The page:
Tax season might be old hat by now, but there are some things about taxes that continue to perplex taxpayers, especially as digital nomads. Specifically, how to organize your tax documents?
Your aunt says to throw it all away after 2 years.
Your banker friend says to save everything for 7 years.
Your mom says to keep it all forever!
Who do you listen to? Who’s actually right?
Are there reasons you should save tax documents forever? How can you actually organize your tax documents?
Use this handy guide to help you determine which tax-related documents to save and which to pitch.
Organize Your Tax Documents
Keep everything electronically
Let’s face it. Digital nomads live small with little space to store extra papers and other stuff.
What does that mean for you?
If you don’t have room to store tax returns, scan them and keep them electronically. I suggest keeping them securely on cloud storage or possibly a backup hard drive kept in a safe place.
Think fire here. If your backup drive is in your RV and the whole thing burns down. You just lost your computer (original storage) AND your backup.
There are so many options nowadays for cloud storage or online backups, so don’t put this off. Get it backed up now.
Save your returns
Many financial experts recommend never throwing away tax returns.
Why, you ask?
They might come in handy in the future when you need to reflect back to determine the cost basis of prior investment figures, if you wish to apply for loans, or if you want to file for disability insurance.
If you keep things electronically, it’s not a big deal to keep years of tax returns.
Keep stock and mutual fund confirmations
This would be your 1099-B statements from your fiduciary like Vanguard, Fidelity, Charles Schwab, etc., and even those cryptocurrency trades, buys, or sales.
Because you’ll likely someday sell your stock market or crypto purchases, you’ll need the original information about those items, such as when you bought them, how much you paid, and how many shares you bought.
This is true even if you plan to pass these stock purchases to your decedents. Knowing all that data is so important when it comes to tax time.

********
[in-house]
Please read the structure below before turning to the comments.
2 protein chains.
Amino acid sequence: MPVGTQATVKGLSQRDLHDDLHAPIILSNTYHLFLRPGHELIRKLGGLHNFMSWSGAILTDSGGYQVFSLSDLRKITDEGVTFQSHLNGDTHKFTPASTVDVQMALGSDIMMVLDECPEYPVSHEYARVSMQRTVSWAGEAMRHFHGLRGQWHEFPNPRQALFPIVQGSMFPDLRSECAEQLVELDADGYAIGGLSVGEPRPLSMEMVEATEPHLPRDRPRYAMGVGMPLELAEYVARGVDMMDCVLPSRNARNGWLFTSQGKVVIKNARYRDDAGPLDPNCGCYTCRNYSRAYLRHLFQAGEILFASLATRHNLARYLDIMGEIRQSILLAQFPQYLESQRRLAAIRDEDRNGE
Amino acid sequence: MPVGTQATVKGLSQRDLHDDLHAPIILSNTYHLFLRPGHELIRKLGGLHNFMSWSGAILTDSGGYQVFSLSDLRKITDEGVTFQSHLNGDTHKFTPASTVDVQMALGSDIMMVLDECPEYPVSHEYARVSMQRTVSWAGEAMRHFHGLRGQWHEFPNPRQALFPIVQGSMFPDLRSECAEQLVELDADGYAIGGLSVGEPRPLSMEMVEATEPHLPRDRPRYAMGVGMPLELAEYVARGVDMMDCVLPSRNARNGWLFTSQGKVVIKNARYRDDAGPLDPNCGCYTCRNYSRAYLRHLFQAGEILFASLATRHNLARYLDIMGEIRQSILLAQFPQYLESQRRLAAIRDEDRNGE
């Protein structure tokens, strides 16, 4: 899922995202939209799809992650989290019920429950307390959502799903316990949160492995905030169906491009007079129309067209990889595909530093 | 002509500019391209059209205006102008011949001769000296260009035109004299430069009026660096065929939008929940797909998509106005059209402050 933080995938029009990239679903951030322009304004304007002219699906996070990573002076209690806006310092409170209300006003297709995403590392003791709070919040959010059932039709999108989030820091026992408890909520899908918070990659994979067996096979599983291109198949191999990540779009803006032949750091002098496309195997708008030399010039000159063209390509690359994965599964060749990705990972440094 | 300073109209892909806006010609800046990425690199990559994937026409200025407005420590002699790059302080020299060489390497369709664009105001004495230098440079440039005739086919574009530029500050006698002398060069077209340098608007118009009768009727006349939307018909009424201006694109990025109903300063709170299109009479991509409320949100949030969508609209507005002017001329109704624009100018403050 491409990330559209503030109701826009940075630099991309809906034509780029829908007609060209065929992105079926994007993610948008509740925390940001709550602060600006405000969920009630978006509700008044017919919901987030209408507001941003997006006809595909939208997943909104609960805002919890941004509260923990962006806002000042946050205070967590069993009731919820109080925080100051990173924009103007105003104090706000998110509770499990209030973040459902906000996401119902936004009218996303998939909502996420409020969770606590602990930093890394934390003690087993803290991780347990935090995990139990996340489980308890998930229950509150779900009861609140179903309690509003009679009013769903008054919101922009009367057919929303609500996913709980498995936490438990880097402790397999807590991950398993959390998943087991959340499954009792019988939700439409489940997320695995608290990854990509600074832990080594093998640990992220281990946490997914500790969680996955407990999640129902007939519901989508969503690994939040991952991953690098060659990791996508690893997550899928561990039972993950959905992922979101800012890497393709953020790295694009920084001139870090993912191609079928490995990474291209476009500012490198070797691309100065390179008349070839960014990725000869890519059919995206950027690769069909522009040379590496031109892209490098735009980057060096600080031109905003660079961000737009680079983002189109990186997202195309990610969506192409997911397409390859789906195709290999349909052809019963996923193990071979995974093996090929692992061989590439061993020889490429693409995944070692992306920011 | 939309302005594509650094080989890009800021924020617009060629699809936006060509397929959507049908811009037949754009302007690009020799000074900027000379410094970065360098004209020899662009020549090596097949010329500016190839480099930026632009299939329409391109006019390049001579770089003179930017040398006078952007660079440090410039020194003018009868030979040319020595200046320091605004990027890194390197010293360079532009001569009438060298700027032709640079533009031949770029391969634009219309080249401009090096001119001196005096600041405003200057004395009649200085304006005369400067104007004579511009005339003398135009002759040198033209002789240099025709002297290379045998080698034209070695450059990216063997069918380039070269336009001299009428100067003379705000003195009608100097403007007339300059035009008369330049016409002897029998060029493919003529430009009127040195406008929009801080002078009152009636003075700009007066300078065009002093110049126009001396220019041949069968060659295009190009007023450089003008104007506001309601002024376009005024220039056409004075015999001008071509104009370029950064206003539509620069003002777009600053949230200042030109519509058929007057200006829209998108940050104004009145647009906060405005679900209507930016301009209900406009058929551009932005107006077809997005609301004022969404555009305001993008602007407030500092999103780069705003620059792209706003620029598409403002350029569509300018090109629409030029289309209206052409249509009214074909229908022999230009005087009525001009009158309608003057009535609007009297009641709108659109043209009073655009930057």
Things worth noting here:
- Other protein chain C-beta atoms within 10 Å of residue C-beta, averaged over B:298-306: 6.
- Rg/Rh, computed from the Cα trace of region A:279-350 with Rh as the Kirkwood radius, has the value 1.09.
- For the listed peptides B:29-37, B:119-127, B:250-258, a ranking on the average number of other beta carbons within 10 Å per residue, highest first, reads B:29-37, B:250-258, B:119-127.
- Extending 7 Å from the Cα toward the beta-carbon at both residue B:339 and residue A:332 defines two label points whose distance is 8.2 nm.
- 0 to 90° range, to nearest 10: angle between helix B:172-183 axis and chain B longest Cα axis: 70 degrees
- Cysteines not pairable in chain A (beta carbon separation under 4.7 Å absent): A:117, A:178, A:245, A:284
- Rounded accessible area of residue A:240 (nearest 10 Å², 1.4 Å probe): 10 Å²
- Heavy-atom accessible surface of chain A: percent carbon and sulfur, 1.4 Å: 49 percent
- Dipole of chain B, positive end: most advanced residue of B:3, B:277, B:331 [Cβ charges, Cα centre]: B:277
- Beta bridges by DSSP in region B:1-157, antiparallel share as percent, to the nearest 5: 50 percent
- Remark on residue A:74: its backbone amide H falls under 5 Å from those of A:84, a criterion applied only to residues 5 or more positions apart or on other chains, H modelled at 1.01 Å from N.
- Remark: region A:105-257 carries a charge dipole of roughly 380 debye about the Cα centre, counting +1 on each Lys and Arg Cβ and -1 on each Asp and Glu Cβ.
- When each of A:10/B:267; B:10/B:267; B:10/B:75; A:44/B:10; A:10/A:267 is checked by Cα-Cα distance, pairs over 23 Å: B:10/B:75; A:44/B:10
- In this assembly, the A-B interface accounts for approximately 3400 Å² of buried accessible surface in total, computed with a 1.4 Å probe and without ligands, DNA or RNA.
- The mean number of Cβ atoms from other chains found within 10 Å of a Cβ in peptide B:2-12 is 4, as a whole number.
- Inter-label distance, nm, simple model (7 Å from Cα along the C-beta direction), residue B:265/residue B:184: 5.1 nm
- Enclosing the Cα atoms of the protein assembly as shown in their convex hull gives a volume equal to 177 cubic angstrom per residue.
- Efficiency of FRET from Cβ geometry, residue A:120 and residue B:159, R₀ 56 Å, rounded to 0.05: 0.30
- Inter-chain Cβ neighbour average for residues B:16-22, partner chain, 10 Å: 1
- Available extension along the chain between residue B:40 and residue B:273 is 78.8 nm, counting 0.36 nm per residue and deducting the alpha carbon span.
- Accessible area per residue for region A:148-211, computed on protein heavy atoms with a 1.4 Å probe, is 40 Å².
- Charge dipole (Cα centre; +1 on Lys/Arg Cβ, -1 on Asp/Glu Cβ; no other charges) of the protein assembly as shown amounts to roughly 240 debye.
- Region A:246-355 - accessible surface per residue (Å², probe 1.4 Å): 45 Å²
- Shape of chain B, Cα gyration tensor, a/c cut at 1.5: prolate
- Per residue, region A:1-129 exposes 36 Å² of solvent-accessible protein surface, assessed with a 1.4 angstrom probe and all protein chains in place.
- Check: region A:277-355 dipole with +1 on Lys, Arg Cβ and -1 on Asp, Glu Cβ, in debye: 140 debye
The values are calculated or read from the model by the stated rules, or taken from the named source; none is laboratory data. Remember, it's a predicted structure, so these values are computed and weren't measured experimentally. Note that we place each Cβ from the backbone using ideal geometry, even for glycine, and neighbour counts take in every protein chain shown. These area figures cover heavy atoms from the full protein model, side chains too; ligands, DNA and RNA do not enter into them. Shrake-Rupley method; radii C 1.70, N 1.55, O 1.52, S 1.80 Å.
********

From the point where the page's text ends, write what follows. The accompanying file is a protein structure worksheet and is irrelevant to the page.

Trust me. It’s a pain to find it out later so it’s best to keep those forms around for later. Even if later is 20 or 30 years down the road.
As long as you have the stock, you’ll need those confirmations. So save – don’t pitch.
Toss monthly stubs or statements at year’s end
If you get year-end reports, just keep those vs. each month. That will save some storage for you.
This means you can also pitch salary paystubs after the year’s end. If you saved paystubs all year, it’s okay to get rid of them after you’re sure your W-2 is accurate. You could also simply keep the final pay stub of the year.
The only exception to keeping monthly statements would be related to a home office. If you take a home office deduction, keep all your household bills to prove the home office expense.
Save credit card bills
Although some financial experts recommend pitching them, many reasons to save them exist. For example, these days, credit card companies often insure anything you’ve purchased with the cards.
Think of a computer or other expensive items that might break.
Check with your credit card to see if they offer this coverage and if it’s worth savings receipts and statements.
There are always exceptions.
With digital copies, it’s easier than ever to keep good records and not give the excuse there’s no storage space.
One example of an important instance:
In 2010, the government offered the Longtime Home Buyers’ Tax Credit to home purchasers who could furnish proof they’d resided in their previous home for 5 of the prior 8 years.
Sound easy? It wasn’t, as many applied for and didn’t receive this credit. Why? Many homebuyers were unable to prove they’d resided in their home for 5 years to the satisfaction of the Internal Revenue Service (IRS).
One couple that did receive the credit got it because they had saved their monthly utility bills for the home and sent copies with their application for the tax credit. So, saving their utility bills ultimately helped them receive a $6,000 credit from the IRS.
The other examples I like to use: the solar tax credit or electronic vehicle credit. Keep all the documentation around this so it’s not a question later. It’s not that hard to keep electronic copies and it can save your from losing out on this credit.
If you take this information into account, you won’t get caught without a receipt you need or using up precious space to store papers you don’t require.
Get organized today! The time is now to organize your tax documents.